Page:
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Found 4 results

  1. Hi guys, Over 10 months, I built these vehicles for a diorama about El Alamein based on a well-known photo which fascinated me. A big project with a lot of variety and challenges including making two Academy Honeys look different. Stug III is from Dragon with PE set added. Dingo is Miniart, 10HP is Tamiya, Panzer III is RFM Full interior. Hope you find these of interest. Edit - Added full diorama scene. Full scene until I figure out more about GIMP Stug III Ausf D Sonderverband 288 Two Honeys No 1 No 2 Daimler Dingo 10HP for AFPU Panzer III
  2. This is the 1/35 Academy M3A1 Stuart "Honey" in the correct 'Caunter' scheme (not the incorrect 'blue' scheme that Academy showed). Custom mixed Tamiya acrylics using Mike Starmer's formulas, RAC insignia painted, kit unit decals. Lots of small details added, all tie downs replaced with brass wire, latches and hinges added to stowage boxes, rack for water cans scratch built, tow cable from fine solder, etc. Last two photos are with Dragons Valentine tank, another Desert warrior. Thanks for looking, Colin
  3. I'm working on Academy's M3A1 Stuart 'Honey". I've just finished the base painting using Mike Starmer's Tamiya mix, so I thought I'd share. Lots to do yet but I found it interesting how the silver grey disappears in black and white photos, makes it very hard to get the scheme exactly right!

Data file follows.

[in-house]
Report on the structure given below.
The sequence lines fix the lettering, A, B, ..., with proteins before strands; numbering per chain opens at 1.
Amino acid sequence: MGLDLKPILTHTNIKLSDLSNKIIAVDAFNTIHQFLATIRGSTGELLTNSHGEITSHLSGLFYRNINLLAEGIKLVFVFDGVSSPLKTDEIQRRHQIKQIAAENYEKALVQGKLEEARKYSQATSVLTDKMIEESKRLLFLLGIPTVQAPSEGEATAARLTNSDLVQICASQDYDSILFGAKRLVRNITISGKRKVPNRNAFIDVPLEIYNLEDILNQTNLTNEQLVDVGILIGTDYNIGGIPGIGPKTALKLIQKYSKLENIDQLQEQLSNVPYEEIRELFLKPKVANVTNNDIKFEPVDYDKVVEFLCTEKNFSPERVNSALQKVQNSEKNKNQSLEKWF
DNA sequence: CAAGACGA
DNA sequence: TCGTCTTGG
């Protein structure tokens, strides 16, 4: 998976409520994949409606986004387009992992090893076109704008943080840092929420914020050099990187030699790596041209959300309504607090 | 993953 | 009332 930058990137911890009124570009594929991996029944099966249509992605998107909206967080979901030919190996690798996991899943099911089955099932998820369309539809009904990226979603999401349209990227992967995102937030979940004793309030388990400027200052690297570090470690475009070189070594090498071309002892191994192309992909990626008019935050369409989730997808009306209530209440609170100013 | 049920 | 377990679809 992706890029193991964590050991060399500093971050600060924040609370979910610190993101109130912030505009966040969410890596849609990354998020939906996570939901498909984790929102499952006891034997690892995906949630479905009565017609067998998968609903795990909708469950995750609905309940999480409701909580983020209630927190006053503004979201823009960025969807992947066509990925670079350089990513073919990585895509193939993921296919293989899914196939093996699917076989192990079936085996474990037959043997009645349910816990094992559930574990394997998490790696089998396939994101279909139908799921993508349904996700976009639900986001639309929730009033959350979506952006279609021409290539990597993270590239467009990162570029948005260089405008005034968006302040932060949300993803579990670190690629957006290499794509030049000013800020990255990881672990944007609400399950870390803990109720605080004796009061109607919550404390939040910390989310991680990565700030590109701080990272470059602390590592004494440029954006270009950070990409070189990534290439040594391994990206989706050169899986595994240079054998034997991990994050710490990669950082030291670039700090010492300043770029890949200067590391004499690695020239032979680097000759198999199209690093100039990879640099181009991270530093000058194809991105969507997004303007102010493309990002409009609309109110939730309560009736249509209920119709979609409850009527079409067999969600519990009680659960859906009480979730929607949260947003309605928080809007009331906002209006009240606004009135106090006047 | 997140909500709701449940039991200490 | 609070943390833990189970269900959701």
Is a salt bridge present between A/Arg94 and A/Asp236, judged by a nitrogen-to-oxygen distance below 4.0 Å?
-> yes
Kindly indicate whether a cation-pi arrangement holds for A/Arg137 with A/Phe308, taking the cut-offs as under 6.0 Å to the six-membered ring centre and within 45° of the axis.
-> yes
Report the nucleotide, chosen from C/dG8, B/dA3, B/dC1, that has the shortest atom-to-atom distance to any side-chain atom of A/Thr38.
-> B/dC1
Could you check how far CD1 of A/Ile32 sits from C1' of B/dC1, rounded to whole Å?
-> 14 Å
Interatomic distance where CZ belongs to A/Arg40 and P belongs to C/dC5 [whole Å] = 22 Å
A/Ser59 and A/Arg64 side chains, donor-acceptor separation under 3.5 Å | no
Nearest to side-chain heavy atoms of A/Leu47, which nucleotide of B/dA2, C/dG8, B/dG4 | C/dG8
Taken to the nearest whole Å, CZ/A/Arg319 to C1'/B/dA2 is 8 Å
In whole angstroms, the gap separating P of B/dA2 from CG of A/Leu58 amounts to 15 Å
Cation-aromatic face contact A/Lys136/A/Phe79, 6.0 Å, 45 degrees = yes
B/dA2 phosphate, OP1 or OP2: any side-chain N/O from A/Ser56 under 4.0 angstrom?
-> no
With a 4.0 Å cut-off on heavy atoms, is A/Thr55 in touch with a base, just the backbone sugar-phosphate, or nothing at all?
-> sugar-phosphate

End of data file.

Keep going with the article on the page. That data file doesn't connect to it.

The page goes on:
4. M3A1 Stuart Light Tank 1:35 Academy The M3 Stuart was designed before the US went to war, based upon the experiences of the British, which led to the US brass deciding that their M2 light tank was obsolete. While the radial engine M3 was an improvement over the M2, it suffered from an underpowered main gun at only 37mm, which although it was improved later in the war, the crews had to suffer with it for some considerable time. The British troops in Africa used it first against the superior tanks of the Afrika Korps, and faired badly, suffering from the lack of range of the Stuart in the wide open spaces of the African desert. It was fast and manoeuvrable however, and a British comment that she was a "honey" to drive led to one of its nicknames during the war. The M3A1 was an improved version that deleted the sponson mounted machine guns, and some of these used more conventional diesel engines, which gave the crew more room inside. It also had a new turret with a basket for the turret crew to stand in, and no cupola for the commander, but added a gun stabilisation system that helped with vertical alignment with targets while the tank was on the move. In British service is was known as the Stuart III and with the diesel engine version was designated the IV. It was outclassed by Axis armour in Europe and was relegated to infantry support and recce roles, whereas it was more successful in the Pacific theatre against the lightly armoured Japanese tanks in the jungle, where medium and heavy tanks could soon flounder in the mud. It continued to be used to the end of the war by the Allies in the Pacific area, although Russia, another user of the Stuart disliked it intensely and refused to take the upgraded M5 design that followed the M3A3. Variants were used well into the 60s, and Brazil even built their own version with redesigned upper hull and sporting a 90mm gun. Paraguay still had a few of its ancient original stock of 12 beyond the turn of the millennium, which is astonishing, considering the age of the machine. The Kit This is a re-release of an older kit from Academy, that is rumoured to be a "copy" of the earlier Tamiya kit, copying some of its faults, but improving others. I understand that the turret is slightly undersize, as are the roadwheels, but all of these are fixable with some effort. AFV Club have a replacement suspension/roadwheel pack available that is patterned to the Tamiya kit, and Bronco do a track pack that will fit the more accurate wheelset. Leaving those issues aside, it is a nicely moulded kit, especially for its age, and beneath the box lid are five sprues of green styrene, upper hull, lower hull and turret in the same styrene, plus four sprues of individual track links, two "rubber-band" style track sets, a short length of man-made fibre rope/cord, a decal sheet and instruction booklet with separate painting and decaling page. The boxtop painting shows a Stuart passing by some knocked-out German armour, but it is sporting the sponson guns that were removed in the M3A1, but thankfully there are optional parts with square covers instead of the guns. I believe that circular covers were also fitted, and some were built without the holes in the plates at all. Check your references before you get there! Construction starts with the suspension units, which have two wheels each, with a total of four units, two each side. The suspension fits to the top of the wheel sponsons, and here the yoke that links the wheel swing-arms to the suspension springs are a little narrow, as are the wheels themselves, if I'm right in my assumptions. The drive sprocket at the front attaches to a flush final drive housing, and the rear idler wheel trails behind the vehicle on a suspension arm with simplified track tensioner assembly. The Stuart was unusual in having a ground level idler wheel, and its narrow tracks gave it a high ground pressure value, which made it poor in deep snow, which may have coloured the Russians' judgement somewhat. Three return rollers fit to the top of the track run, and a length of the sponson roof is moulded into the hull lower, preventing the see-through look that dogged the Tamiya kit. A reasonable interior is included with the kit, including crew seats, ammo storage, the prominent central drive-shaft hump that separated the crew from eachother, driver controls and extra ammo boxes for the coax and bow mounted machine guns. At this stage the attention switches to the upper hull, where you'll choose to discard the sponson mounted machine guns in favour of the blanking plate equipped panels. The upper half of the glacis plate is added in the shape of a T, with the two vision panels as separate pieces, which are able to be positioned open or closed at your whim. A further flap folds down to afford the driver a better view, and the front light cluster is added to each fender along with their protective cage. The bow-mounted M2 machine gun is slid through from the inside and secured with a small circular mantlet, and the rear deck is given exhaust and filler cap details, plus rear mud-flaps and the angled and riveted rear panel. This kit represents the petrol engined variant with the radial engine, but if you wanted to include the later curved rear panel, it isn't too difficult to replace with some curved styrene sheet, but you'll need some aftermarket screw heads to replicate the fasteners they used on the later, removable panel. The supplied pioneer tools fix to the steepest angle of the rear panel, although the attachment points are a little clunky, but that's to be expected even on modern kits. The tracks cater for both viewpoints on track types. If you like the rubber-band style, you've got a pair of 'em. If you want the more realistic individual links, you've got four sprues of black parts, and a fair bit of work ahead of you. The main part of the track, including the rubber outer track-pad is moulded as one part, with two pins sticking out of either side. Onto these, you attach the track ends which incorporate the guide-horns, which means that you'll need to be clever when you fabricate them, or you'll end up with a bit of a mess of gluey parts, or a stiff length of individual track links. If you use liquid glue to assemble a length of track, and wrap it around the roadwheels while it is still soft, but starting to bind, you can leave it to set up overnight, held in place by tape or clamps to get the correct shape and minimal sag exhibited by the real thing. The flexible track is simply attached by putting the twin pins though the holes at the other end of the length, and melting the pins to a flat rivet. Historically, these joints aren't particularly sturdy, so be gentle with them when wrangling them onto the vehicle. The turret is next, and its puny 37mm gun is represented by a single part with a short hollow section attached to the muzzle end to give it the correct look. The barrel looks a little oval/square depending on the light, so I'd give consideration to replacing the end with a turned alternative, or resign yourself to a little bit of reprofiling. The mount for the gun also holds the M2 derivative coaxial machine gun, but the arch-like ammo feed and box aren't provided in the kit. The turret cage is detailed with a pair of seats for the commander and gunner, and the floor has moulded in tread-plate patterning. The upper turret is completed with the two upper hatches, plus three vision ports, commander's rotating periscope and gunner's fixed periscope. The rear mount for the anti-aircraft gun that was often occupied by the redundant bow-mounted machine gun attaches to the back of the turret, and has another M2 machine gun with ammo box to mount onto it. The turret top is mated to the turret ring and basket, with the mantlet slipped over the gun and glued in place. To counter the aforementioned short range, the Stuarts were sometimes fitted with auxiliary fuel tanks strapped onto the sides of the engine deck behind the turret in US service. These are supplied in halves with end-caps, and have small blocks attached to the deck to hold them in place. A scrap diagram and photo of the finished model show the correct positioning, which is useful. Markings As with the majority of Allied armour the only colour is olive drab, but the national markings chosen for the decal sheet add a little colour that will lift the otherwise bland expanses of green. You can model one of five options from the box, as follows: US Army 3rd Platoon, Company C, 1st Armoured Battalion, 1st Armoured Division, Ynusia, December 1942 - Yellow star on turret, US flag and "Tiger USA" on each sponson. USMC 3rd Marine Tank Battalion, Bouganville, November 1943 - red box with white 3 on turret, reclining nude and "Painintheass" on each sponson. USMC 3rd Marine Tank Battalion, Bouganville, November 1943 - white box with red 5 on turret, reclining semi-nude and "The Pay Off" on each sponson. Soviet Army unit & location unidentified 1943 - Russian star on turret, and US serials overpainted with Russian patriotic slogan on the sponsons. Soviet Army unit unidentified, Woronez, summer 1942 - US serials overpainted with Russian unit codes on the sponsons. Decals are printed in Korea and are in good register, with a thin carrier film. There is a slight stepping evident in the Russian star under magnification, and a tiny fleck of red in one of the white stripes of the US flag, but nothing that would be more than a minor touch-up with some white paint, or a slice of unused white decal. Conclusion It's an old kit of an interesting and under-represented light tank, and although it has its well documented issues, it will build up into a nice model. If accuracy bothers you, you'll need to do some extra work, and it's down to you whether you want to, but at around half the price of the other offering, it looks more appealing. Review sample courtesy of